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This eBook from the Gutenberg Project consists of approximately 305 pages of information about Cleopatra.

“Thereon, the war being ended, though she had but then borne him a son, Caesarion, Caesar appointed the younger Ptolemy to rule with Cleopatra, and be her husband in name, and he himself departed for Rome, bearing with him the beautiful Princess Arsinoe to follow his triumph in her chains.  But the great Caesar is no more.  He died as he had lived, in blood, and right royally.  And but now Cleopatra, the Queen, if my tidings may be trusted, has slain Ptolemy, her brother and husband, by poison, and taken the child Caesarion to be her fellow on the throne, which she holds by the help of the Roman legions, and, as they say, of young Sextus Pompeius, who has succeeded Caesar in her love.  But, Harmachis, the whole land boils and seethes against her.  In every city the children of Khem talk of the deliverer who is to come—­and thou art he, Harmachis.  The time is almost ripe.  The hour is nigh at hand.  Go thou back to Abouthis and learn the last secrets of the Gods, and meet those who shall direct the bursting of the storm.  Then act, Harmachis—­act, I say, and strike home for Khem, rid the land of the Roman and the Greek, and take thy place upon the throne of thy divine fathers and be a King of men.  For to this end thou wast born, O Prince!”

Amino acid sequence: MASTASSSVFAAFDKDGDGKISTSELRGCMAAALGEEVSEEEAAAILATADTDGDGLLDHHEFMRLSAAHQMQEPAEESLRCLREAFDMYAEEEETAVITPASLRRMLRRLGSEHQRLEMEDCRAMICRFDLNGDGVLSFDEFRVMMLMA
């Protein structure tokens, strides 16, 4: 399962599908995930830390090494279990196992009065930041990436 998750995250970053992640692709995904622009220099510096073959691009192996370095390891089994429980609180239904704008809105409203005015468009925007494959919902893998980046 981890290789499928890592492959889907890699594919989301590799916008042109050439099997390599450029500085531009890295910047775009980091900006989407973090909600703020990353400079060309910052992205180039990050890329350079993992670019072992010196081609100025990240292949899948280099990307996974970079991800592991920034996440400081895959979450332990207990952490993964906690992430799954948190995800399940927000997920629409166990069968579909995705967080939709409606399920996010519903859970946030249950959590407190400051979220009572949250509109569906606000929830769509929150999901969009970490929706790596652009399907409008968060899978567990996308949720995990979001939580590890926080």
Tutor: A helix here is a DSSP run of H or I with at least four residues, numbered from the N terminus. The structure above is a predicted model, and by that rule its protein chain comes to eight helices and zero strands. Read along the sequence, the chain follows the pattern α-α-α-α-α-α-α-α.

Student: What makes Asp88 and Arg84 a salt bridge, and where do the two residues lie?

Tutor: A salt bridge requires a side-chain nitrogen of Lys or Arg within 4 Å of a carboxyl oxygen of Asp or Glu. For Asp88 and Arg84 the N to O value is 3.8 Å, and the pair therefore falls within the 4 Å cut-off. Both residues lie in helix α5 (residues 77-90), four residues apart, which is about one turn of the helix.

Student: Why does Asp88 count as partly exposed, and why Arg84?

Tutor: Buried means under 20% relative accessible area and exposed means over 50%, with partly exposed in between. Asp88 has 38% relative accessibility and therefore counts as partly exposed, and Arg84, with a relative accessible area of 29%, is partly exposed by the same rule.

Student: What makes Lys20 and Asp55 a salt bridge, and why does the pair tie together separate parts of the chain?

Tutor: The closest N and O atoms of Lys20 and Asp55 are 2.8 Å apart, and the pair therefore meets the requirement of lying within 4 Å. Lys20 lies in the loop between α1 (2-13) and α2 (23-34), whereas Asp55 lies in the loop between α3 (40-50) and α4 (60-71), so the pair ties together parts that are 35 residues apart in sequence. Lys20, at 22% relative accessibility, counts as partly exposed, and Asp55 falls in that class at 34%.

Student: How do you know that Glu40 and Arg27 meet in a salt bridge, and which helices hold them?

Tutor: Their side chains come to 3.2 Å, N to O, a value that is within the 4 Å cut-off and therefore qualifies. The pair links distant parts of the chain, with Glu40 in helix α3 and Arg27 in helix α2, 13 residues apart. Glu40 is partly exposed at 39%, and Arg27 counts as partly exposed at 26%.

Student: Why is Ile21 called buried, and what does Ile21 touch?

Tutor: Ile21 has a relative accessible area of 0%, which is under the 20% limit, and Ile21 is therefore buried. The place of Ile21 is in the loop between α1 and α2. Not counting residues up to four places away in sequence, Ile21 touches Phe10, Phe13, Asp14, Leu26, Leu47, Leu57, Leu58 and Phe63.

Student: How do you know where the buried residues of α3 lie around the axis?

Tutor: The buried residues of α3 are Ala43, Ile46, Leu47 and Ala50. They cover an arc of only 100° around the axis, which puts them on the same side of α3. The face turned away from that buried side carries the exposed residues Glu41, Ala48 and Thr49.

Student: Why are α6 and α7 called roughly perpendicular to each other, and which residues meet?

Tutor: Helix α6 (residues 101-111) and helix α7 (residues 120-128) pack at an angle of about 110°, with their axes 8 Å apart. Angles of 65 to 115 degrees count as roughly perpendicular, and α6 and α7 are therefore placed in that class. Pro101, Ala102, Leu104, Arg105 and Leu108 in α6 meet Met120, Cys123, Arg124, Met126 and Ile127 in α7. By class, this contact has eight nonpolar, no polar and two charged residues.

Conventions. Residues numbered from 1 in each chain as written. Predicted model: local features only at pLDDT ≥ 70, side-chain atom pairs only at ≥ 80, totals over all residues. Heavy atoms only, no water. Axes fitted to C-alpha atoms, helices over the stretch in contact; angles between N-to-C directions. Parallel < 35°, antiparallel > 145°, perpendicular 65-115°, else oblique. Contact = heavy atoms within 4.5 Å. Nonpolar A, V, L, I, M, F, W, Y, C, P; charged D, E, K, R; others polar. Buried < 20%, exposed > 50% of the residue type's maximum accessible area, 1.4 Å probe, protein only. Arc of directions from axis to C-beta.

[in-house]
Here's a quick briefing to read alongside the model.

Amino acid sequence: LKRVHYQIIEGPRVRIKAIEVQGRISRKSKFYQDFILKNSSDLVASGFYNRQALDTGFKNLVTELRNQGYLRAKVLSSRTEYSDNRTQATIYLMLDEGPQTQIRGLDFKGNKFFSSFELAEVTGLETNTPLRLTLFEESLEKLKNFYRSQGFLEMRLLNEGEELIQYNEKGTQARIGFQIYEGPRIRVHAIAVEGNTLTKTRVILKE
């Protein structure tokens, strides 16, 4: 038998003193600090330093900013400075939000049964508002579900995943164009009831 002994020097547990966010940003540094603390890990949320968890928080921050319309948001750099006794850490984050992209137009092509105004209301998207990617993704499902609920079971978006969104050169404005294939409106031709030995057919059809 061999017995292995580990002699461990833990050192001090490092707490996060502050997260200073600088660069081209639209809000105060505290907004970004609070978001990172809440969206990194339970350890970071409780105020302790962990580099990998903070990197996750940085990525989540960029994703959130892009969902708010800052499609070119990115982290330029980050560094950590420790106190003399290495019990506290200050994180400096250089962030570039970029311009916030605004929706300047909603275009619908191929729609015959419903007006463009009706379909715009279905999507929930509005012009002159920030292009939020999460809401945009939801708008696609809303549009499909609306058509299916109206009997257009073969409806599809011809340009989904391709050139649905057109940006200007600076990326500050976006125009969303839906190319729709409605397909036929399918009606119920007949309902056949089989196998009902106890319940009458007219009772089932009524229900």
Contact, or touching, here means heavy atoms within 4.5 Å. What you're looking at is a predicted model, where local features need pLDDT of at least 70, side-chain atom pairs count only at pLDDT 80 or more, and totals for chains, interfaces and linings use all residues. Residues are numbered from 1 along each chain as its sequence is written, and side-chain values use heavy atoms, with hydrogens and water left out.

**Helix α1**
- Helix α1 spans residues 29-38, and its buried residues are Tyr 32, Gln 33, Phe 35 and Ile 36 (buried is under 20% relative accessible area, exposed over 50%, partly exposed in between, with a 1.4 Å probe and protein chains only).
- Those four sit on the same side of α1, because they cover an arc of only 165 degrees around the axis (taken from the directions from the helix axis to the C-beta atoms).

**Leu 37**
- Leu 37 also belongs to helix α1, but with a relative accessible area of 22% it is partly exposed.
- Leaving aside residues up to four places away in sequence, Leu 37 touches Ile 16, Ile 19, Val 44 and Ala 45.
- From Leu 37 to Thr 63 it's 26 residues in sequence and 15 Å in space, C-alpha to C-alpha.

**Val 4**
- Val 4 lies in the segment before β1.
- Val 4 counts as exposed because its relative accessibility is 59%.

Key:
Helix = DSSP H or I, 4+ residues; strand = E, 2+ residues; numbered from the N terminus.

CHAPTER V

OF THE RETURN OF HARMACHIS TO ABOUTHIS; OF THE CELEBRATION OF THE MYSTERIES; OF THE CHANT OF ISIS; AND OF THE WARNING OF AMENEMHAT

On the next day I embraced my uncle Sepa, and with an eager heart departed from Annu back to Abouthis.  To be short, I came thither in safety, having been absent five years and a month, being now no more a boy but a man full grown and having my mind well stocked with the knowledge of men and the ancient wisdom of Egypt.  So once again I saw the old lands, and the known faces, though of these some few were wanting, having been gathered to Osiris.  Now, as, riding across the fields, I came nigh to the enclosure of the Temple, the priests and people issued forth to bid me welcome, and with them the old wife, Atoua, who, but for a few added wrinkles that Time had cut upon her forehead, was just as she had been when she threw the sandal after me five long years before.

La! la! la!” she cried; “and there thou art, my bonny lad; more bonny even than thou wert! La! what a man! what shoulders! and what a face and form!  Ah, it does an old woman credit to have dandled thee!  But thou art over-pale; those priests down there at Annu have starved thee, surely?  Starve not thyself:  the Gods love not a skeleton.  ’Empty stomach makes empty head’ as they say at Alexandria.  But this is a glad hour; ay, a joyous hour.  Come in—­come in!” and as I lighted down she embraced me.

But I thrust her aside.  “My father! where is my father?” I cried; “I see him not!”

“Nay, nay, have no fear,” she answered; “his Holiness is well; he waits thee in his chamber.  There, pass on.  O happy day!  O happy Abouthis!”

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